At one time, Clinton had a thriving downtown district that included several hardware stores; struggling like so many other small towns, it has managed to keep Ste-Mar going in an age when bigger box stores see booming popularity. There are, however, a good many things the latter can’t do.

“What sets us apart from the other stores is personal knowledge of the product we sell. I personally know every product that I sell, what it does, what it doesn’t do, even when it will probably break. I know a lot about electrical and plumbing, am certified in HVAC (heating, ventilation, and air conditioning), am a locksmith, and have done just about everything in housing and remodeling. I know what to do and what not to do, because every day I have people ask my opinion and do just the opposite,” Shortridge said as he ate lunch behind his cluttered counter.

Ste-Mar has been at its present address since 1960; Shortridge’s parents bought out Harlan’s Hardware Store on Ninth Street and moved it to Main about a week before Marty was born. He’s been in the old building in some capacity nearly every day since.

Hall says that G&M Ace Hardware was originally opened by Bill Becker and Gary Nicola and has been in operation since 1996 in the same location it sits on today. In 2012, Mike Sasin took ownership, and although it doesn’t have the archaic feel of an old-time store — the creaking wood floors are tiled concrete there — Joel says the service his store offers is anything but big business.

“One appeal to my job is that every day is different,” Hall adds. “I enjoy helping people with any need they may have, from fixing a broken water line to loading mulch for their landscape. The camaraderie with customers is one of the favorite aspects that keeps me wanting to go to work every day.”

Hall started working at Ace as a part-timer while a junior in high school. He’s now in a leadership role at the store and says he’s “…proudly been helping the community for 20 years.”

When it comes to the inevitable question as to why such a valuable business is becoming extinct in an America that is less “do-it-yourself” with each passing generation, both men agree: online shopping, home delivery, and competition from big chain stores are hurting hardware stores.

“I think people in our community take pride in buying from their local hometown hardware store,” Hall says. Both he and Shortridge mention that among their services are expert key cutting, pipe cutting and threading, and, of course, taking the time to dispense advice. “I remind people to use their phone and take a photo of what they are dealing with,” Hall says. “I can help them better that way.” He also says his store will assemble anything that is purchased there, flares tubing, cuts glass, and rents a lot of what people don’t own.

As she closes her poem, Hamby bemoans what we might never see much of again: the service and the people those old hardware stores still invoke:

“I want angels called Lem, Nelson, Rodney, and Cletis gathered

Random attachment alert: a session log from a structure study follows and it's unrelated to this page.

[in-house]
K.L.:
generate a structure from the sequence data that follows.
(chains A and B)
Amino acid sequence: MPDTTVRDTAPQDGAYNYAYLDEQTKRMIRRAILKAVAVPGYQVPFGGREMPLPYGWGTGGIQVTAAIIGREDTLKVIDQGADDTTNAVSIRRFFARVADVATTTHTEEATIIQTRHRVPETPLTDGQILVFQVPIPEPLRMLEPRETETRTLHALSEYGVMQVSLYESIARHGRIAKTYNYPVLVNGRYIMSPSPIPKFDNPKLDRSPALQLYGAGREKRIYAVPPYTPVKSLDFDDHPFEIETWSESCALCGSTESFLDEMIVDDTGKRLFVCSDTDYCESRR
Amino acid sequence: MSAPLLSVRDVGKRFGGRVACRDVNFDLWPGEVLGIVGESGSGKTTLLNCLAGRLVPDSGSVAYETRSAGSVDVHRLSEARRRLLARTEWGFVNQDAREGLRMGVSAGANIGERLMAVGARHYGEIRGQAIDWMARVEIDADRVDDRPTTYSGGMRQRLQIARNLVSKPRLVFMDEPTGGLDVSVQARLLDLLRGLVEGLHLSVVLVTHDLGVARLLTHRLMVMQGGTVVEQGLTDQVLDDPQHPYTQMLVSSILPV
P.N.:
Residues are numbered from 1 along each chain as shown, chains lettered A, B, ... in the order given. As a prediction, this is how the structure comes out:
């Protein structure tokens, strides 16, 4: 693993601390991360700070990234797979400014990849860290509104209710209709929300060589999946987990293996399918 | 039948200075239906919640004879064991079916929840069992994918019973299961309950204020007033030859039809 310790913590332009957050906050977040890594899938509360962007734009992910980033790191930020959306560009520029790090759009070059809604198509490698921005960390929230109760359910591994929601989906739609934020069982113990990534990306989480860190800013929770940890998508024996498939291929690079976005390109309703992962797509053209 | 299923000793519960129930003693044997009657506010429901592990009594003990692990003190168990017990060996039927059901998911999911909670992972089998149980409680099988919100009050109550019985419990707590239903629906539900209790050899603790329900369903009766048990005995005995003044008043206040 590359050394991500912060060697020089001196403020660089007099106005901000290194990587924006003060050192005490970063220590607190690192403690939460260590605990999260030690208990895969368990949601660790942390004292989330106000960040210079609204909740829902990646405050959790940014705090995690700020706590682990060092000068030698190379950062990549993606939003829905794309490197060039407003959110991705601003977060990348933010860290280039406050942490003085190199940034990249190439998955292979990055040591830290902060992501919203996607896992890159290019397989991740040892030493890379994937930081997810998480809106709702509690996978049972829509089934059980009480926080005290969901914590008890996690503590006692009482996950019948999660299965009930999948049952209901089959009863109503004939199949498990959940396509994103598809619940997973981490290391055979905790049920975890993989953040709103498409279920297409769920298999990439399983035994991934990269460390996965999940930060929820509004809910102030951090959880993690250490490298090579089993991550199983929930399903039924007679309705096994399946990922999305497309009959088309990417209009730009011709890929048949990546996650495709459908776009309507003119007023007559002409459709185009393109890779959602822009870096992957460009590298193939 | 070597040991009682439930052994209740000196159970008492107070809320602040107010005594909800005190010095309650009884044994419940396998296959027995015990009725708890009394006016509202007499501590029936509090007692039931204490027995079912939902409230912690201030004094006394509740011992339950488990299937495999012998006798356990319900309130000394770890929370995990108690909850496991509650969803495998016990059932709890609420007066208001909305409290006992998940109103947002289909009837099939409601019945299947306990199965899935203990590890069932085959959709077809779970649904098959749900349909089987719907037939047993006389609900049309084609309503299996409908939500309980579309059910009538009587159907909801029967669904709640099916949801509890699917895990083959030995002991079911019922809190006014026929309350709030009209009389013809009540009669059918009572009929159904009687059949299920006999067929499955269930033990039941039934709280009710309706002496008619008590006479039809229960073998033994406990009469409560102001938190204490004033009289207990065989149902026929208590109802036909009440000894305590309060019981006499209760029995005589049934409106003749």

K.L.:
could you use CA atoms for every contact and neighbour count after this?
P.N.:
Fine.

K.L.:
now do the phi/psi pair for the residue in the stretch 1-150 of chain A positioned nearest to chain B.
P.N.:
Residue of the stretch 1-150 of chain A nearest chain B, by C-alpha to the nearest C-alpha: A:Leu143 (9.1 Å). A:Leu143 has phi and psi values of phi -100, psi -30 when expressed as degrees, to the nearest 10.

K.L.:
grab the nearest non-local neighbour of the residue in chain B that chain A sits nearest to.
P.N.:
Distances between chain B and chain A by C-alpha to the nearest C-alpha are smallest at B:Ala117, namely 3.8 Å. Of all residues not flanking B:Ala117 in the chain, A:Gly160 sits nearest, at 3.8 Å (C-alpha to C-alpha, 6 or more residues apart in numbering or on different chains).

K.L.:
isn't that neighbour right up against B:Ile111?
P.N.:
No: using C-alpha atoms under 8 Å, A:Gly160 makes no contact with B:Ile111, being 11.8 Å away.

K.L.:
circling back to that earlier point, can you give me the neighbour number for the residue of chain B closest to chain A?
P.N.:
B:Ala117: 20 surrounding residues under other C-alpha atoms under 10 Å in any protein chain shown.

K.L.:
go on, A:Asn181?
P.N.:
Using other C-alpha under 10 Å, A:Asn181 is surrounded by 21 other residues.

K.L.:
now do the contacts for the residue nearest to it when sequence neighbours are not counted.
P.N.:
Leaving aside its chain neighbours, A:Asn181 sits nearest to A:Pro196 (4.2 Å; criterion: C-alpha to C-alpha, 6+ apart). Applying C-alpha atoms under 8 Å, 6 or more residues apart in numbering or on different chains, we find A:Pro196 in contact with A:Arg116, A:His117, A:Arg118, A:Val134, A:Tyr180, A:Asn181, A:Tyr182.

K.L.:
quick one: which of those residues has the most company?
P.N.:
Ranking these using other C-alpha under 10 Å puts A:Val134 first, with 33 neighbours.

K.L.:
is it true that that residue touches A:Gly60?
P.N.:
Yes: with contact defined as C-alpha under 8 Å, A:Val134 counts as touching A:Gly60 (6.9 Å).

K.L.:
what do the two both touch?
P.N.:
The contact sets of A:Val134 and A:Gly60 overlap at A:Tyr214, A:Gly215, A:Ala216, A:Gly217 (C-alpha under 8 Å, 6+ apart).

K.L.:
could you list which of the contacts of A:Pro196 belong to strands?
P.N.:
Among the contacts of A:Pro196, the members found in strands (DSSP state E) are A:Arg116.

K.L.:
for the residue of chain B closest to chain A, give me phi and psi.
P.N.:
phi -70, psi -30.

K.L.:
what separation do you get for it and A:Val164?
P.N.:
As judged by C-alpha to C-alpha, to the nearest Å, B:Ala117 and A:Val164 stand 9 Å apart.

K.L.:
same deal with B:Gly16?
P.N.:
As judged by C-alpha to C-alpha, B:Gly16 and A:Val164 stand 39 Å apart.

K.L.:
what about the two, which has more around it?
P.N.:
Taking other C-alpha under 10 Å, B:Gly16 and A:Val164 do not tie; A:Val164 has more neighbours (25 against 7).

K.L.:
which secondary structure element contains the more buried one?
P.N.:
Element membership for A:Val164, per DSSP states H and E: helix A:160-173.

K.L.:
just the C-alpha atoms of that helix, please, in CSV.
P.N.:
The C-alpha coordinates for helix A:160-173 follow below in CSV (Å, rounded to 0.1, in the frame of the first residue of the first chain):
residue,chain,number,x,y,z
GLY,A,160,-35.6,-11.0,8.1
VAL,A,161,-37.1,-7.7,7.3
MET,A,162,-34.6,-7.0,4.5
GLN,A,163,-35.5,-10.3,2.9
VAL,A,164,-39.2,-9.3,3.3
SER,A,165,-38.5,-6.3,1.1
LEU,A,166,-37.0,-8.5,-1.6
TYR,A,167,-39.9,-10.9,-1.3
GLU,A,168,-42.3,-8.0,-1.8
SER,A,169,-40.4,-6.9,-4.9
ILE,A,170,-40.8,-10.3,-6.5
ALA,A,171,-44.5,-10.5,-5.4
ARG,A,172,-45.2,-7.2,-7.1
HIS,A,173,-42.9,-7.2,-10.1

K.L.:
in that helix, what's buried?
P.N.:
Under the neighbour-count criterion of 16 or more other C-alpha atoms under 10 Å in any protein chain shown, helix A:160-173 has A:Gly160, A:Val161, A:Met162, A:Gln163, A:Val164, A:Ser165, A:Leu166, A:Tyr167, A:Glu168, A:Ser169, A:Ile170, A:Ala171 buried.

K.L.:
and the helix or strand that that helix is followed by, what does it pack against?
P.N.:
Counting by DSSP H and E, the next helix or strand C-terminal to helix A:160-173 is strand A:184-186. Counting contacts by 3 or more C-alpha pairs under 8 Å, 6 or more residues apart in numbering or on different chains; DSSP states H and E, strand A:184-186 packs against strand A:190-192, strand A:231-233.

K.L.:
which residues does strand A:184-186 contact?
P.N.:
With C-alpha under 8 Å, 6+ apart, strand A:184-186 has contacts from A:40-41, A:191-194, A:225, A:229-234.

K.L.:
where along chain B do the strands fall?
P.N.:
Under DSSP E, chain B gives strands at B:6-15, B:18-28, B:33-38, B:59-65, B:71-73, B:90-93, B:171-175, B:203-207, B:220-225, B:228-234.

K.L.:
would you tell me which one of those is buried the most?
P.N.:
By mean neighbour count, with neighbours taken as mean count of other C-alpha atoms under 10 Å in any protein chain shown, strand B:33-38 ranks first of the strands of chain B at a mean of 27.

around a bin of nails, their silence like hosannahs,

hallelujahs, amens swelling from cinderblock cathedrals

drowning our cries of Bigger, faster, more, more, more.”

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Futures File: 2020, the year to remember | Business

In addition to an erratic and contentious election, 2020 rang the bell for record-smashing events. Huge market moves will undoubtedly remain in the minds of investors and commodity traders and will be memorialized in the history of economics for centuries.

What went Down?

This year, the stock market suffered its worst loss in decades. More than a third of its value was lost in less than a month as the financial implications of COVID-19 sank in and massive lay-offs swept the U.S. That crash later recovered as the Fed and Congress orchestrated a bail-out dwarfing any attempted previously in U.S. history in an effort to prop up the economy with the CARES Act.

But nothing in the history of formal trading compares to the unimaginable crash in the price of crude oil. Crude oil dropped to not only below zero, but got sucked into a black hole reaching a price of negative $49 per barrel on April 20, meaning those who bought it would be paid $49 per barrel to take delivery of it. The bizarre crash in crude also was related to the pandemic, since travel came to a halt and demand for fuels close to nil.

Crops and hogs fell dramatically in the beginning of the year as tariffs thwarted exports to China and the trade war worsened relations with our biggest customer. That tumble, too, was followed by a roller-coaster ride to the upside as drought concerns, both domestically and in South America, frightened producers while China’s pent-up needs returned to our export markets.

What went Up ?

Precious metals, especially palladium, silver and lumber were among the biggest winners in the upward race. Lumber hit bottom in March and then began a continuous upward move helped by a record low mortgage rate. The assent accelerated as the pandemic drew city-dwellers into new homes in the suburbs and the suburbanites to the home improvement stores.

Commodities and COVID

In recent years, commodity producers and futures traders learned investors and traders must watch diseases that infect not only human populations, but those affecting birds, bats, cattle, hogs, and many types of plants including all of our row crops, grasses, and cover crops are vulnerable to significant attacks that can change the supply/demand formula so dramatically that the entire world economic balance can be altered.

As traders, we must also be weathermen, soil scientists, political junkies, sociologists, chemists, entomologists, accounting and tax experts, land value and labor experts, but nothing stands out like this year’s challenge to learn virology. Those who listened were able to keep up with COVID news and adjust their plans and purchases to respond to massive changes.